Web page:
Good morning and welcome to The Bulletin. In today’s edition: New sexuality and relationship education guidelines announced, things happen and announcements made on campaign trail, and reason for massive health funding shortfall in South Auckland revealed.
New guidelines for sexuality and relationships education in schools have been released, with the aim of making them more inclusive places. It’s an area of culture that has changed a lot over recent decades, and the strong impression given by these changes is that the education system is now catching up with that. An in-depth report on internal affairs minister Tracey Martin’s announcement of the changes was put together by Stuff’s Laura Wiltshire. I feel comfortable making that point above about culture change, because the announcement took place at Onslow College. That’s a Wellington school in which the students quoted in the piece speak completely differently and seemingly have very different attitudes to how I remember the school I left a bit over a decade ago – even if it was widely considered a liberal school then too.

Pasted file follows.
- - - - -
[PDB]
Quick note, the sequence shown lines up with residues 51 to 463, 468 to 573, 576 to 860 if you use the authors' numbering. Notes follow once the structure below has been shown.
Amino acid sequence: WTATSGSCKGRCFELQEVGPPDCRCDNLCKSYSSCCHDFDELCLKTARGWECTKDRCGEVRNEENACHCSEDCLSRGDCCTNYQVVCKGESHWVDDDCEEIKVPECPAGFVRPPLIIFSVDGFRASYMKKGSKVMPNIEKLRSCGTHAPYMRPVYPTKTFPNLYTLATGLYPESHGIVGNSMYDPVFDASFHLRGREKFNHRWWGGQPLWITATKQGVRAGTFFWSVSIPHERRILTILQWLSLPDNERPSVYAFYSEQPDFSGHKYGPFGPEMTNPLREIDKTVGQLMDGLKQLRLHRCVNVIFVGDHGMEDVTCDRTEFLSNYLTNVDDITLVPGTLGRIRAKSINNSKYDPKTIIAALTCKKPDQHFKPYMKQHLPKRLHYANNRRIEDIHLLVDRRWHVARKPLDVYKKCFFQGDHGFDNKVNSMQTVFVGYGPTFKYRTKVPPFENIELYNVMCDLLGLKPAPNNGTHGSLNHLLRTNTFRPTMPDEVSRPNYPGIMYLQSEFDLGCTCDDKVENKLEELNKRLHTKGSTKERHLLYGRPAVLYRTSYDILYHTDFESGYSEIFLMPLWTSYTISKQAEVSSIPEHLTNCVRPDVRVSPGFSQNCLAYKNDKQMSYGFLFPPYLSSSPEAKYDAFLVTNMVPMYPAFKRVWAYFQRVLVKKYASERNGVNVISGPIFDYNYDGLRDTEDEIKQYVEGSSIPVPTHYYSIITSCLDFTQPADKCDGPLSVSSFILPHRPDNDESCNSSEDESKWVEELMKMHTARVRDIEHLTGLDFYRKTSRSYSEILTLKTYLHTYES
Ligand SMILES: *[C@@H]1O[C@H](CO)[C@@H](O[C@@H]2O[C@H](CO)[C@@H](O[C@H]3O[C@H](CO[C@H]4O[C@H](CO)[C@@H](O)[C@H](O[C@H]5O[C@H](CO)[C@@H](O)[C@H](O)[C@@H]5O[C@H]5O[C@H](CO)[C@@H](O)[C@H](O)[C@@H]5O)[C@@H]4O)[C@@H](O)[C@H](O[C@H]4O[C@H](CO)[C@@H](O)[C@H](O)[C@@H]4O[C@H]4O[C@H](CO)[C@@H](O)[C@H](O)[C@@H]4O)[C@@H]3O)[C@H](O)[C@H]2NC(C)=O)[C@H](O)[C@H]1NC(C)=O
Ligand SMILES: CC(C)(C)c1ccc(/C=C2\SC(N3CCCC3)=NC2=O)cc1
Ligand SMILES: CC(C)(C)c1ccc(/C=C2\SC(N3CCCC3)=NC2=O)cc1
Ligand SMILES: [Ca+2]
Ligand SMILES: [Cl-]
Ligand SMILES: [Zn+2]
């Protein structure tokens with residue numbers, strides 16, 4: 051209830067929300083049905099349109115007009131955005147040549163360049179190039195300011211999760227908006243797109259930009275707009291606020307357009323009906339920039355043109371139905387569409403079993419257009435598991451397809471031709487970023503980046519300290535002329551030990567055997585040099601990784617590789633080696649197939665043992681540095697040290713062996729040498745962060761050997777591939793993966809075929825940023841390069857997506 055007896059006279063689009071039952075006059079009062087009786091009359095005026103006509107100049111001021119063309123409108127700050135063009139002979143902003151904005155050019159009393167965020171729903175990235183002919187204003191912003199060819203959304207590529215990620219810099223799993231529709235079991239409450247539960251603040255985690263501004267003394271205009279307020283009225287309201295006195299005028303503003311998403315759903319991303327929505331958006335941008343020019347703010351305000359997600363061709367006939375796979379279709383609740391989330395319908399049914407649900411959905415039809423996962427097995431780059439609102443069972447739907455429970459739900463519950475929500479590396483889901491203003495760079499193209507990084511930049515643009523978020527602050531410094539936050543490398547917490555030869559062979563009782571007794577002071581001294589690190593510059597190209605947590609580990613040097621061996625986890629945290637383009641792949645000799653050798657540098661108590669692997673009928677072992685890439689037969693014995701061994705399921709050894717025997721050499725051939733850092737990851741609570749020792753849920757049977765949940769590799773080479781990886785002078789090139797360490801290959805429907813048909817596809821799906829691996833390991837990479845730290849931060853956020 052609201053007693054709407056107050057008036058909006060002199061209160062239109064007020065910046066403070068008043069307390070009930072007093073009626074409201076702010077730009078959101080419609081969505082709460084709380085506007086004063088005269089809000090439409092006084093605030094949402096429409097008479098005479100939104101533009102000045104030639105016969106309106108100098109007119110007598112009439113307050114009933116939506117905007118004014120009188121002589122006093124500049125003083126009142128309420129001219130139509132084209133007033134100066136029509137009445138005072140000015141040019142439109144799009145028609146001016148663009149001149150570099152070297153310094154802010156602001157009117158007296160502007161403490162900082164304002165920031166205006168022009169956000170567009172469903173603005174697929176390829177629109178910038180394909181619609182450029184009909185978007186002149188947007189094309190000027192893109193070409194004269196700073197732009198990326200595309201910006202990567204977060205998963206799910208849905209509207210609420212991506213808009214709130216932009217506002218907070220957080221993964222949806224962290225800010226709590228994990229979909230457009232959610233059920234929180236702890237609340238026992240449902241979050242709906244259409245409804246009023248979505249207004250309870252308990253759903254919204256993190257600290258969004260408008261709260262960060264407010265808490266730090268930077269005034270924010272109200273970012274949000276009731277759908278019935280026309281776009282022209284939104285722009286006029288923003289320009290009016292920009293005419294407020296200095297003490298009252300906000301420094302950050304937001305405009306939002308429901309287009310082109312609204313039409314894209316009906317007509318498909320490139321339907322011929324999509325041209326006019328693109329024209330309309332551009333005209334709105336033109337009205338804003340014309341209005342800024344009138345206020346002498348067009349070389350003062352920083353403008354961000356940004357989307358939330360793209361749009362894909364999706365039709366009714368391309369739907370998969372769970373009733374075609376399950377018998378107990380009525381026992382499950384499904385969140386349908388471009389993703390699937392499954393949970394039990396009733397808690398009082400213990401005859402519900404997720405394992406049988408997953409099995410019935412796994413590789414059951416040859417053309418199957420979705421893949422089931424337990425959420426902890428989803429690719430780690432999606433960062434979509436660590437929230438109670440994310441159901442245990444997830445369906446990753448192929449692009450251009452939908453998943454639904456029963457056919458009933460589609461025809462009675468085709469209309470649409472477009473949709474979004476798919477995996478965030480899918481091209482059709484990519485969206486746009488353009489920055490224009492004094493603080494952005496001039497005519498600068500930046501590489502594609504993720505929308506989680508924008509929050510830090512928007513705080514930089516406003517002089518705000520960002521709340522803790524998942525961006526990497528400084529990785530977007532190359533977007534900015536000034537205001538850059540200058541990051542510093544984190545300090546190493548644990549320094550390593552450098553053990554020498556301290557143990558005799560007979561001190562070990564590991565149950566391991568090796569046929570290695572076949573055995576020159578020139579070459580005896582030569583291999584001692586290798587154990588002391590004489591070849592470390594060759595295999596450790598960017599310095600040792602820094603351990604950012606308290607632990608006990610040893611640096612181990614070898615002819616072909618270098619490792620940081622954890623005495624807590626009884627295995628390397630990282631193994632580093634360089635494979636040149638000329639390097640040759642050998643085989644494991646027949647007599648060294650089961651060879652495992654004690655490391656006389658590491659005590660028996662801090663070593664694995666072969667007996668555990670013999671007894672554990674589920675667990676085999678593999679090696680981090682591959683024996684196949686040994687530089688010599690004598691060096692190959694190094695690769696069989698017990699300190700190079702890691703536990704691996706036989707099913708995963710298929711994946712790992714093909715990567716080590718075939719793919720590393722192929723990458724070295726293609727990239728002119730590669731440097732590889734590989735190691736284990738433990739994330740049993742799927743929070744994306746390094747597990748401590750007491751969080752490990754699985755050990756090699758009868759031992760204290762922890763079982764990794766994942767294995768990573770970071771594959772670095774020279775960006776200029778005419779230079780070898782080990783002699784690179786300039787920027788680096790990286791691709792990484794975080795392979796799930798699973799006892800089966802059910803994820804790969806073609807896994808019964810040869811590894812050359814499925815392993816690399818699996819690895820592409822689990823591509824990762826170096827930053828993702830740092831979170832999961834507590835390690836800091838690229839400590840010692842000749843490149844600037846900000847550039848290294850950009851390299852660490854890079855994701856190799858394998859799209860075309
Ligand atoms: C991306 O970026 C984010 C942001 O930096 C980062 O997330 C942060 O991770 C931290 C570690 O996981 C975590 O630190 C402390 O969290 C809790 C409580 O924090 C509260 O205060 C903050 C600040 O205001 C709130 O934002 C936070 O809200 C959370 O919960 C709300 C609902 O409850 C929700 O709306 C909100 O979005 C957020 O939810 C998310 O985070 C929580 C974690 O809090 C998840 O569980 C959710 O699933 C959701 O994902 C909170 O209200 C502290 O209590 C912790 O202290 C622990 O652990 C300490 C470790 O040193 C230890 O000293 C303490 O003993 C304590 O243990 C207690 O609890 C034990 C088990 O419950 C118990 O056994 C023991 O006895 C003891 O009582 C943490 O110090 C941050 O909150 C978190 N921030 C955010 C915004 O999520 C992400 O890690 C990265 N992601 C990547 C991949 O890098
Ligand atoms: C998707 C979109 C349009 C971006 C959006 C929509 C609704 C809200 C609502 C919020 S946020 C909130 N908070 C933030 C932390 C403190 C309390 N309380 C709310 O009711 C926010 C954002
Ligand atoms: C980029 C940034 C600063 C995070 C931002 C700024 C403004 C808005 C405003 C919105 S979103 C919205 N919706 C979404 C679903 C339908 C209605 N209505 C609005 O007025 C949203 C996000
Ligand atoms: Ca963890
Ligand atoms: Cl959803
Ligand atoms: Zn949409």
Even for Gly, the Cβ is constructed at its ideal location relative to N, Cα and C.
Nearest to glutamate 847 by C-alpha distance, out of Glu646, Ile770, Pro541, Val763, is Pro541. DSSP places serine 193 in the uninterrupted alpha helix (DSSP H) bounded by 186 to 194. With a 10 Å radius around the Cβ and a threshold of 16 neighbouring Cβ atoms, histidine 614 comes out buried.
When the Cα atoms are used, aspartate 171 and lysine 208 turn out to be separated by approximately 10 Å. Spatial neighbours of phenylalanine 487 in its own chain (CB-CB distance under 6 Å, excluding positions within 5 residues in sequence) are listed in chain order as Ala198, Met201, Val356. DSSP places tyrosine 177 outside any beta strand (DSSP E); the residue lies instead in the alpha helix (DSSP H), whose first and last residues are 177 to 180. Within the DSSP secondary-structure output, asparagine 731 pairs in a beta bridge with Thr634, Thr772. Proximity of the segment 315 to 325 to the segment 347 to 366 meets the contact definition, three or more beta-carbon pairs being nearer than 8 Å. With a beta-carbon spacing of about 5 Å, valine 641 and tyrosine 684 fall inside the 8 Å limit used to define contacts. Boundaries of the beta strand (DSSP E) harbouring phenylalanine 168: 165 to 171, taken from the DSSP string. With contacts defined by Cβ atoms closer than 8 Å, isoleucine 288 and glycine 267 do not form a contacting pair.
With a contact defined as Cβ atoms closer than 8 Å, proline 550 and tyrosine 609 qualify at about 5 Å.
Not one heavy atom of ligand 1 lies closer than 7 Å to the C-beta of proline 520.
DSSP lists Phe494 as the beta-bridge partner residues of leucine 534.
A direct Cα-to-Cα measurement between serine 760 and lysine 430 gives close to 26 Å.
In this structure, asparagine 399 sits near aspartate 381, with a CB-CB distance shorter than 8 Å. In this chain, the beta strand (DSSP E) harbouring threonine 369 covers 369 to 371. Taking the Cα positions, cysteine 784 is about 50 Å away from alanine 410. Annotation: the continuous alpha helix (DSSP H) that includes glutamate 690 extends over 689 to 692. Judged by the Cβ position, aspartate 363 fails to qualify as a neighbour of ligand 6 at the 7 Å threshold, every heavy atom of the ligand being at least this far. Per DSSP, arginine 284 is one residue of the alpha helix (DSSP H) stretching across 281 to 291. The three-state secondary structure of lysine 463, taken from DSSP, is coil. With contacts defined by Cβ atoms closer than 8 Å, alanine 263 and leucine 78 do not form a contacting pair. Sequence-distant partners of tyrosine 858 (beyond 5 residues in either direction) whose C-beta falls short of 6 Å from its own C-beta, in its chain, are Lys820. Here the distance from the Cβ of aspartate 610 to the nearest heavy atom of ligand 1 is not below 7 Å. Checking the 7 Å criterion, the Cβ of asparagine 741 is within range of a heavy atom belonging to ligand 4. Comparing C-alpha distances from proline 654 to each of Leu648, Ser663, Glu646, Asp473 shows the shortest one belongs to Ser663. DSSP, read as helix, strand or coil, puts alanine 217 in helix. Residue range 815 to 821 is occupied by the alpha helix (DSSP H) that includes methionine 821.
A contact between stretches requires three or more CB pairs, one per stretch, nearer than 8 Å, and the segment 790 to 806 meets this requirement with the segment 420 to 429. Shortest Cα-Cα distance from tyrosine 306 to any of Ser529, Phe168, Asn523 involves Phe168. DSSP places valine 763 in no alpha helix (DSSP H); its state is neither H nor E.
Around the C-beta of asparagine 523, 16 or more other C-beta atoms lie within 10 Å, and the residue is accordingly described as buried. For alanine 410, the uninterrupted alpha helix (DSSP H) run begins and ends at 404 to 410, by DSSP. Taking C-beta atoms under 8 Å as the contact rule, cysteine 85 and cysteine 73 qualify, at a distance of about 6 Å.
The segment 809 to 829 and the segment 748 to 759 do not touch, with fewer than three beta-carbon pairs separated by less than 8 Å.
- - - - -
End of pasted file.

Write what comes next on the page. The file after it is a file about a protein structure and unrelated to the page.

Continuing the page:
The main theme of the changes is that they’re aimed around teaching kids how to have healthy relationships, says Martin. The Onslow principal quoted in the story also said it would give schools “a mandate to have conversations about diversity and inclusiveness at school, and within school communities.”Family Planning put out a release saying the new education guidelines are welcome, but nationally consistent implementation was now needed – something that hasn’t necessarily happened with sexuality education in the past. “My worry is that it’s close to 20 years since we first developed guidelines and we’ve had no meaningful change since then. The guidelines alone won’t deliver the fundamental change we need – we’re going to need more from the Ministry to support schools to deliver this work,” said chief executive Jackie Edmond.